Nevertheless, during this period, there were a few writers who managed to produce estimable material.  The great Skalds (Norse poets) of Scandinavia–beyond the reach of Roman Catholic dominion–composed their sagas beginning c. 800 (with Bragi Boddason’s “Ragnarsdrapa”); culminating in the writings of Snorri Sturluson in the early 13th century.  The Old English epic “Heliand” and the eloquent Frankish hagiography, “Vita Karoli Magni” [Life of Charles the Great] were both composed c. 830.  The Germanic epic, “Hildebrandslied” [Lay of Hildebrand] was composed in the 830’s.  And the (Greek) epic poetry known as the “Acritic Songs” became popular in the Byzantine Empire beginning in the 9th century.  Also of note:

  • Ealhwine of Northumbria (a.k.a. “Alcuin of York”) wrote in the 8th century.
  • The great Frankish / Germanic scholar, [h]Rabanus Maurus Magnentius of Mainz wrote in the late 8th / early 9th century.
  • Anglo-Saxon poet, Cynewulf of Mercia [alt. Northumbria] pioneered Anglian poetry in the 9th century.
  • The (Old English) epic romance about Waldere and Hildegyth was composed in the 9th century.
  • The skaldic (Norse) poet, Audunn “illskalda” composed material for the Yngling dynasty in the 9th century.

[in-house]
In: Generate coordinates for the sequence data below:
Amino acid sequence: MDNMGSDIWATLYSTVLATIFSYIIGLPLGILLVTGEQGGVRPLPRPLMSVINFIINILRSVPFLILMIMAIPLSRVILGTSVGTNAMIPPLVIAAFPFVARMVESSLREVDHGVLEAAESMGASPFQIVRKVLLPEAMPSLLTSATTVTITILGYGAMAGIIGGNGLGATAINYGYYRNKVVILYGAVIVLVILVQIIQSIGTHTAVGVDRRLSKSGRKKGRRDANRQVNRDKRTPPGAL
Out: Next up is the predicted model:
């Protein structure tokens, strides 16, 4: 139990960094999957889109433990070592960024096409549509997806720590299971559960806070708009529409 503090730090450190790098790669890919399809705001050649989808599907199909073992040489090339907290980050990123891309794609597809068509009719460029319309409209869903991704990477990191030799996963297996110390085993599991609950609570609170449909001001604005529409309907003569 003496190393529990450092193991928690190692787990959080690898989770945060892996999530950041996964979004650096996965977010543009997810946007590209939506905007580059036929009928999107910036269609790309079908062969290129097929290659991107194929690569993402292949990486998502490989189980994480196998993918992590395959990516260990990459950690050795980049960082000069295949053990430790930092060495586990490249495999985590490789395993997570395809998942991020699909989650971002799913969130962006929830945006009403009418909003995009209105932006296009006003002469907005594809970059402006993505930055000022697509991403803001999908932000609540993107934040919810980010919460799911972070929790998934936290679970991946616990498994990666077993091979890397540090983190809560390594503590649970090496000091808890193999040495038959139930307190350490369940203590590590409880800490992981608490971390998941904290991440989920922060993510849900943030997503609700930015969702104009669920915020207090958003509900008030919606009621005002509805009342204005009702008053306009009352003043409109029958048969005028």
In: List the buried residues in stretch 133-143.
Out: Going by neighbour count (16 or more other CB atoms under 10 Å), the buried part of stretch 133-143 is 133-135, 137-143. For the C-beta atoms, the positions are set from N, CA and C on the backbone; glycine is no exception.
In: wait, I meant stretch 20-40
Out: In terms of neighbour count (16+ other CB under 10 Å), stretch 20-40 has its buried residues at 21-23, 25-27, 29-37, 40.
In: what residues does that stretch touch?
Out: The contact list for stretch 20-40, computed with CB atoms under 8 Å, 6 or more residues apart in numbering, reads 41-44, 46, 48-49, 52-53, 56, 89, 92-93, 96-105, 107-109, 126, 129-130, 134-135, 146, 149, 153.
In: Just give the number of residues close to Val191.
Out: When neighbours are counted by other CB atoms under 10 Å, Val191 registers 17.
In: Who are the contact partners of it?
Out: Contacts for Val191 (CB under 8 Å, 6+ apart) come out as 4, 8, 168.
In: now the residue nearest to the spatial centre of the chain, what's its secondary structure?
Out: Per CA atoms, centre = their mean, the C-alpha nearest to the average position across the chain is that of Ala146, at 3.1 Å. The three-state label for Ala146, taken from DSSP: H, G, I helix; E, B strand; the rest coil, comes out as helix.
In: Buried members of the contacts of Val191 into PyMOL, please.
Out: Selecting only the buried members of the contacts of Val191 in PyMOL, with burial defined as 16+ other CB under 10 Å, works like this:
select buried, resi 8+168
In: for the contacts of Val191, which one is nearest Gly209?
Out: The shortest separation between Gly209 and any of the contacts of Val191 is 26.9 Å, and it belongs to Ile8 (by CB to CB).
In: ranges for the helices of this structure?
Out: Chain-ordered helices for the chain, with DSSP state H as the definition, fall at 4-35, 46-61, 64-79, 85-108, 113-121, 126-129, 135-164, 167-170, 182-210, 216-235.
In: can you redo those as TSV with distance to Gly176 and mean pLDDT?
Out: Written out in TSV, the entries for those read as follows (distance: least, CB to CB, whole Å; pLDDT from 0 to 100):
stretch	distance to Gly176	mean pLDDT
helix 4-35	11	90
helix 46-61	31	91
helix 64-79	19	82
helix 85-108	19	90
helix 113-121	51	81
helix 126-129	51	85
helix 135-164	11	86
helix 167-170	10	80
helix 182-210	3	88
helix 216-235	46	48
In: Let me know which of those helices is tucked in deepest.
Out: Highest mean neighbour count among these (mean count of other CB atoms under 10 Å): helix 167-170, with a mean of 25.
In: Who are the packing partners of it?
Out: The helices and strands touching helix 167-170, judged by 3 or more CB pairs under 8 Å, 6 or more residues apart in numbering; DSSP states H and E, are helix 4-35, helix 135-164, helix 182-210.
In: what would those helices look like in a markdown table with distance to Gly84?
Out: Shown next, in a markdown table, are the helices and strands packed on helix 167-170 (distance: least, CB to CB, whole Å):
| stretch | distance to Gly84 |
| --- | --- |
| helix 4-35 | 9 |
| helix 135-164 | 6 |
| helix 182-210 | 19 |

• The “Sequence of Saint Eulalia” was composed using Old French in the 9th century.
  • The Anglo-Saxon anthology of (Old English) poetry, the “Exeter Book” was compiled in the 10th century.
  • Skaldic (Norse) poetry was composed by Eyvindr Finnsson “skaldaspillir” and Einarr Helgason “skalaglamm” in the 10th century.
  • The Anglo-Saxon epic, “Beowulf” was composed c. 1000 (roughly around the same time as Ferdowsi’s “Shahnameh”, mentioned earlier).
  • The skaldic (Norse) “Bandadrapa” was composed by Eyjolfr “dadaskald” in the 11th century.
  • Byzantine (Christian devotional) writers, John Mauropous of Paphlagonia and Christopher of Mytilene composed poetry using medieval Greek in the 11th century.

As Islam’s “Golden Age” came to an end during the 12th century, the early Renaissance in Europe was underway.  During this time:

  • Georgian writer, Shota Rustaveli wrote his epic, “Vepkhi-Stqao-sani” [One With the Tiger’s Skin]. 
  • French writers like Peter Abelard, Benoit de Sainte-Maure, and Chrétien de Troyes started composing the epic poetry known as the “Chanson de Geste”–most notably: “La Chanson de Roland” and versions of the Arthurian legend.